“8 Unwritten Resume Rules”

There are a number of unwritten rules you should follow when writing your resume, if you want to get hired faster for the job you deserve.

In fact, there are eight of unwritten rules. Here they are …

1) Give ‘em What They Want

You have – at most — 30 seconds to convince a reader that your resume warrants a complete read. But you may have even less time than that!

A recent poll I conducted among fellow recruiters revealed that most of them spend less than 15 seconds on the first page of your resume. The often never get past your email note or cover letter, let alone your carefully worded “Objective.” And, frankly, human resource managers are no more patient.

So, the first rule of resume writing is to write one that gets to the point – FAST. you must make sure readers can find what they want in your resume – FAST. This requires you to do a lot of careful planning about every word in your resume!

2) Be Relevant

Presumably, hiring authorities reading your resume have a job you’re interested in, so show how your experience fits their requirements. Never assume people can or will “read between the lines” and figure out your value. They don’t have time and they don’t care about you – yet.

3) Target Your Reader

You must understand who your “reader” is, because different people are looking for different things in your resume:

  1. Recruiters look for “hot” marketable skills because they want to make money placing you. If your skill set is not in high demand, they won’t call unless you are an exact fit for a job order they have.
  2. HR folks look for an exact skill fit with a job first, then your stability, then your personality type.
  3. Hiring managers look for skill sets first, then how flexible you are and finally your ability to learn on the job.

4) Use Bullets

Bulleted sentences, that is. We live in a PowerPoint world. So, write in a style that exudes action and energy – be punchy, concise and easy to read. This lets reader to get the gist of your main points quickly. You can elaborate later, at the interview!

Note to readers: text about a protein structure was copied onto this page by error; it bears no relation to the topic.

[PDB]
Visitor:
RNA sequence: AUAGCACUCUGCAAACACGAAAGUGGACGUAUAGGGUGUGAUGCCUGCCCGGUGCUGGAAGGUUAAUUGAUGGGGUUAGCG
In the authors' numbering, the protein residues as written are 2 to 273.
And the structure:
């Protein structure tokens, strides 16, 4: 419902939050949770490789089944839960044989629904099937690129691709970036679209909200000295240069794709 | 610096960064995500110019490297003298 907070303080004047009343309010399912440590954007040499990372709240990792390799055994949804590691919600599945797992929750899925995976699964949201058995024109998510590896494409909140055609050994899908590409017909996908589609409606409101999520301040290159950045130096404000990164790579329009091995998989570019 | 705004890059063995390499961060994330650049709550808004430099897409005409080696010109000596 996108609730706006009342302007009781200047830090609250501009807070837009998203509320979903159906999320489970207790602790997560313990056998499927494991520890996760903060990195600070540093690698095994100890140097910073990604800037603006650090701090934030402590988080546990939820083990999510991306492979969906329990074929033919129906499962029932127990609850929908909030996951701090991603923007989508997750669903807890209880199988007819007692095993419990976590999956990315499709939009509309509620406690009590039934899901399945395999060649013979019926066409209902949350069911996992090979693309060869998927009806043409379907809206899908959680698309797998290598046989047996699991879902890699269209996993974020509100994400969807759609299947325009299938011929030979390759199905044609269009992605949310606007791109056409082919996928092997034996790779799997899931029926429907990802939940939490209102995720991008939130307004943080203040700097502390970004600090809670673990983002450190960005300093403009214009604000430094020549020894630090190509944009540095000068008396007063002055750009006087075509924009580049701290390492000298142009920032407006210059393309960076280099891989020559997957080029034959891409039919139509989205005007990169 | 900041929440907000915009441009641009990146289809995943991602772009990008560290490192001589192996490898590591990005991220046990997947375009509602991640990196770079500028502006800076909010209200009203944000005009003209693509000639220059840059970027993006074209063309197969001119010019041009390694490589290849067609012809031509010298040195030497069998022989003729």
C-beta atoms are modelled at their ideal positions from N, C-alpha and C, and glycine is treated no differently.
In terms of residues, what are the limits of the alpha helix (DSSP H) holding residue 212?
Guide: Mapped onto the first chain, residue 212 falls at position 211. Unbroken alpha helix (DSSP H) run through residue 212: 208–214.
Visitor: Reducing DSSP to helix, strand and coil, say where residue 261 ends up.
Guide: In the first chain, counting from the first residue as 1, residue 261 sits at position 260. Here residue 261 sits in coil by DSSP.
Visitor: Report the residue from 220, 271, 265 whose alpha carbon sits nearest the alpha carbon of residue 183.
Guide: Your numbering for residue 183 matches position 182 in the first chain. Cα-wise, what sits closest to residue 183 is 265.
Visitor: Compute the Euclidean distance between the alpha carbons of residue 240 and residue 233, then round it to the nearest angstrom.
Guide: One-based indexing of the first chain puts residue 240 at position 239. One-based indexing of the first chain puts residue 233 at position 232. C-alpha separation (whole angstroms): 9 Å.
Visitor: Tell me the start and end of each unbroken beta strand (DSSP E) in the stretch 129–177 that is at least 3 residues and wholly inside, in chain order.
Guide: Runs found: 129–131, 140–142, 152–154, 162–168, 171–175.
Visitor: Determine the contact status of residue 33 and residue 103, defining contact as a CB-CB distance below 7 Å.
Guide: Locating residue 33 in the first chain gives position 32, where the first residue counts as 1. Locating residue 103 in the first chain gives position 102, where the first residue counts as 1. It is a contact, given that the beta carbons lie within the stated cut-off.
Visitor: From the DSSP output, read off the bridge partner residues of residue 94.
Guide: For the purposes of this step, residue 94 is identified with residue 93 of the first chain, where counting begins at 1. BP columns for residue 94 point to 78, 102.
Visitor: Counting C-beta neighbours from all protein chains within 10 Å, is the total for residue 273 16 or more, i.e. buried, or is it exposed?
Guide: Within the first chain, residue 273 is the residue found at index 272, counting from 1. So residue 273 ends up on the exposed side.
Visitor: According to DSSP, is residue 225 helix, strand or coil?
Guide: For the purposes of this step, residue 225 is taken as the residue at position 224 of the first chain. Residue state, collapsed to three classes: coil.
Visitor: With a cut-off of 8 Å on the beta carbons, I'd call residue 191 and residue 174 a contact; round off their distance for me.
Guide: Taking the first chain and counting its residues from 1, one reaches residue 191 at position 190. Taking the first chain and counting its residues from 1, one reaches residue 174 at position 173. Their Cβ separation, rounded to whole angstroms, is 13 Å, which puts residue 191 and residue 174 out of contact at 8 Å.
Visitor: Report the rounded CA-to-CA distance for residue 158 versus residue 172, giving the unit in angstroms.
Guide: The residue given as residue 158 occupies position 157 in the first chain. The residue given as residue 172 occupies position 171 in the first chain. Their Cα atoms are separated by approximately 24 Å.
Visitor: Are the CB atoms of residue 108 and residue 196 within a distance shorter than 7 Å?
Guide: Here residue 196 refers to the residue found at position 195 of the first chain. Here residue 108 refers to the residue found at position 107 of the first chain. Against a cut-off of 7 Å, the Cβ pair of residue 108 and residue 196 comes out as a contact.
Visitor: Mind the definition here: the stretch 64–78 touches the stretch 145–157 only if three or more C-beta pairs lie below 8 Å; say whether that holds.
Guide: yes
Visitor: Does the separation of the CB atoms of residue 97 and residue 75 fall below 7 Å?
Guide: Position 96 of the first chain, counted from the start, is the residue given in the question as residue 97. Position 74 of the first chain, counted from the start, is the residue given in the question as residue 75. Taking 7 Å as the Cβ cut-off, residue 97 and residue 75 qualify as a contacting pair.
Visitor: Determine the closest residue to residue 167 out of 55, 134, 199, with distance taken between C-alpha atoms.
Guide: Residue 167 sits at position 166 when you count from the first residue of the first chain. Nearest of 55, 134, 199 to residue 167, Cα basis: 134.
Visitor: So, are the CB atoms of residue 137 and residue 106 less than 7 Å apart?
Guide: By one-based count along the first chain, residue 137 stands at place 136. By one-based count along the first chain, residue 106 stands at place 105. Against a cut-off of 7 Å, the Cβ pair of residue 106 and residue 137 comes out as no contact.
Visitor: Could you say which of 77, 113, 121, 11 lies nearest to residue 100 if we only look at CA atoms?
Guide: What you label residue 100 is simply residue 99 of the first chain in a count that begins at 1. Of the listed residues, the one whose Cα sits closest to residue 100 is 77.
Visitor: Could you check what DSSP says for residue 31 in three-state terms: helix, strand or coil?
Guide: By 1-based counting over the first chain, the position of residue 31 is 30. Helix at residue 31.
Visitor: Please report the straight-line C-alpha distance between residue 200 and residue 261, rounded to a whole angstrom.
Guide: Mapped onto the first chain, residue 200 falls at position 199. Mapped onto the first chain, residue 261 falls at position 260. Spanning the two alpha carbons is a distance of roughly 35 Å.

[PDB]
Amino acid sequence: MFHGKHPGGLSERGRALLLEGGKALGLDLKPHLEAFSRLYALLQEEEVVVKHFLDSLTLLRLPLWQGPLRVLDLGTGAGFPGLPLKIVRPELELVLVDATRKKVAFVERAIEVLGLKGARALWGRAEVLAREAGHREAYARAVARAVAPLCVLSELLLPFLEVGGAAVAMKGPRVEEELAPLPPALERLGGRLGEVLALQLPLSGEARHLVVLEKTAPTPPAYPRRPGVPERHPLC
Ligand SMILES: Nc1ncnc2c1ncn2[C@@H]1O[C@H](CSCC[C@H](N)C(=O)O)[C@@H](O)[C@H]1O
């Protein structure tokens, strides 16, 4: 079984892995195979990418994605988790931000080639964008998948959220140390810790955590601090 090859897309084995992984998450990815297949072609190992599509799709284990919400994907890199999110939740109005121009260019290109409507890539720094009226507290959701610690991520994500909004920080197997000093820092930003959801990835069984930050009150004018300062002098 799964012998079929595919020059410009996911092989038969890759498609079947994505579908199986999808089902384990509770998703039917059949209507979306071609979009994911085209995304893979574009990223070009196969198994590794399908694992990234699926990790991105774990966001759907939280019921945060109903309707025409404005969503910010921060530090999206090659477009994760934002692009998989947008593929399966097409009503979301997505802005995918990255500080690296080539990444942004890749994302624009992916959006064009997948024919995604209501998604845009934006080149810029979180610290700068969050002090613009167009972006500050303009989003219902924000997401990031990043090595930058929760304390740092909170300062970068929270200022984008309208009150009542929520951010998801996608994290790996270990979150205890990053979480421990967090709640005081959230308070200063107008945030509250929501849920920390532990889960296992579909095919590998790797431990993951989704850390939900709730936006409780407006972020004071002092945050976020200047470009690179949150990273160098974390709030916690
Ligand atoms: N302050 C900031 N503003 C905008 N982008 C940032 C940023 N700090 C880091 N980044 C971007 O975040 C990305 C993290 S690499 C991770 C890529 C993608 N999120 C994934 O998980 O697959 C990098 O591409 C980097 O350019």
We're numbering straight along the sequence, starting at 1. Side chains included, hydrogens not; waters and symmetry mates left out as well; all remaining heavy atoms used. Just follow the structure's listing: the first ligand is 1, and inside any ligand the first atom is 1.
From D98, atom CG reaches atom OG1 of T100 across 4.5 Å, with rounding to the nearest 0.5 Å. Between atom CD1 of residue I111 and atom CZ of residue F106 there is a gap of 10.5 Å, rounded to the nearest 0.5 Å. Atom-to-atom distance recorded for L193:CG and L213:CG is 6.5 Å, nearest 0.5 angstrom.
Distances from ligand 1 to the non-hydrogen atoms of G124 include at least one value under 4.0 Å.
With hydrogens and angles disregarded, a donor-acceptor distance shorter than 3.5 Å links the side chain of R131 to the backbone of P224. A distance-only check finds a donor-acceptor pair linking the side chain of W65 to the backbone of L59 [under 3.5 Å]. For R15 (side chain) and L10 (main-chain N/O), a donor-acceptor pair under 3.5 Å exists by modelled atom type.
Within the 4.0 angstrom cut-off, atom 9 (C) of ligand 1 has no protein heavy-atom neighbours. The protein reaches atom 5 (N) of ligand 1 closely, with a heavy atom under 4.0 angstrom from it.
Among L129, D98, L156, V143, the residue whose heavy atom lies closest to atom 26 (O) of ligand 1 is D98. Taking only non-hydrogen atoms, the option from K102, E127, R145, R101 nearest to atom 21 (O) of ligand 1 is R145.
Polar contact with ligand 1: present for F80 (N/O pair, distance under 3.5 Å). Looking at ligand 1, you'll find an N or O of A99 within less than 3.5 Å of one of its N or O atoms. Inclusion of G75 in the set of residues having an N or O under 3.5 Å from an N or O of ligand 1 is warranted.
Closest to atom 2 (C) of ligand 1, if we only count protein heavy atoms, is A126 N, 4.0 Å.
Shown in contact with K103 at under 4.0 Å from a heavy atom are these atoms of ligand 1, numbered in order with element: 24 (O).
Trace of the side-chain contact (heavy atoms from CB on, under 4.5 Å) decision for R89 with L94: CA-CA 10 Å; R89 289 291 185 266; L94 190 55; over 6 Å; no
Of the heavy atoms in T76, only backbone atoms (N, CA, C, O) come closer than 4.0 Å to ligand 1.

5) Highlight your Strengths

Which of your strengths are most relevant to your reader? They should go first in your resume. Always put your top accomplishments where they will get read in the first 15 seconds.

6) Demonstrate Results

Use ###, %%%, and $$$ to emphasize your accomplishments. Remember that one million dollars is less likely to be noticed than $1,000,000. Numbers and symbols jump off the page.

7) Be Concise

Your resume should not contain one more word than needed to make your point. Because you’ll never bore anyone into hiring you. In fact, you might want to be a tease!

8) Connect The DOTS for them

Make it easy for readers to see how you fit their job requirements. Before writing your resume, research newspapers, job boards and Internet ads for positions that are similar to the ones you’ll be seeking.

Make sure to include the latest “buzzwords” in your resume. Example: common keywords and phrases like “JAVA or Audit Trail or channel management or DWDM” should map to the bullets in your resume.

Scientists and senior executives should prepare an appendix of publications and papers as well. Technical people need a separate Technical Summary page for easy identification of skills.

Article by David E. Perry, author of Guerrilla Marketing for Job Hunters and the Guerrilla Marketing for Job Hunters Blog. Kevin Donlin, also contributed.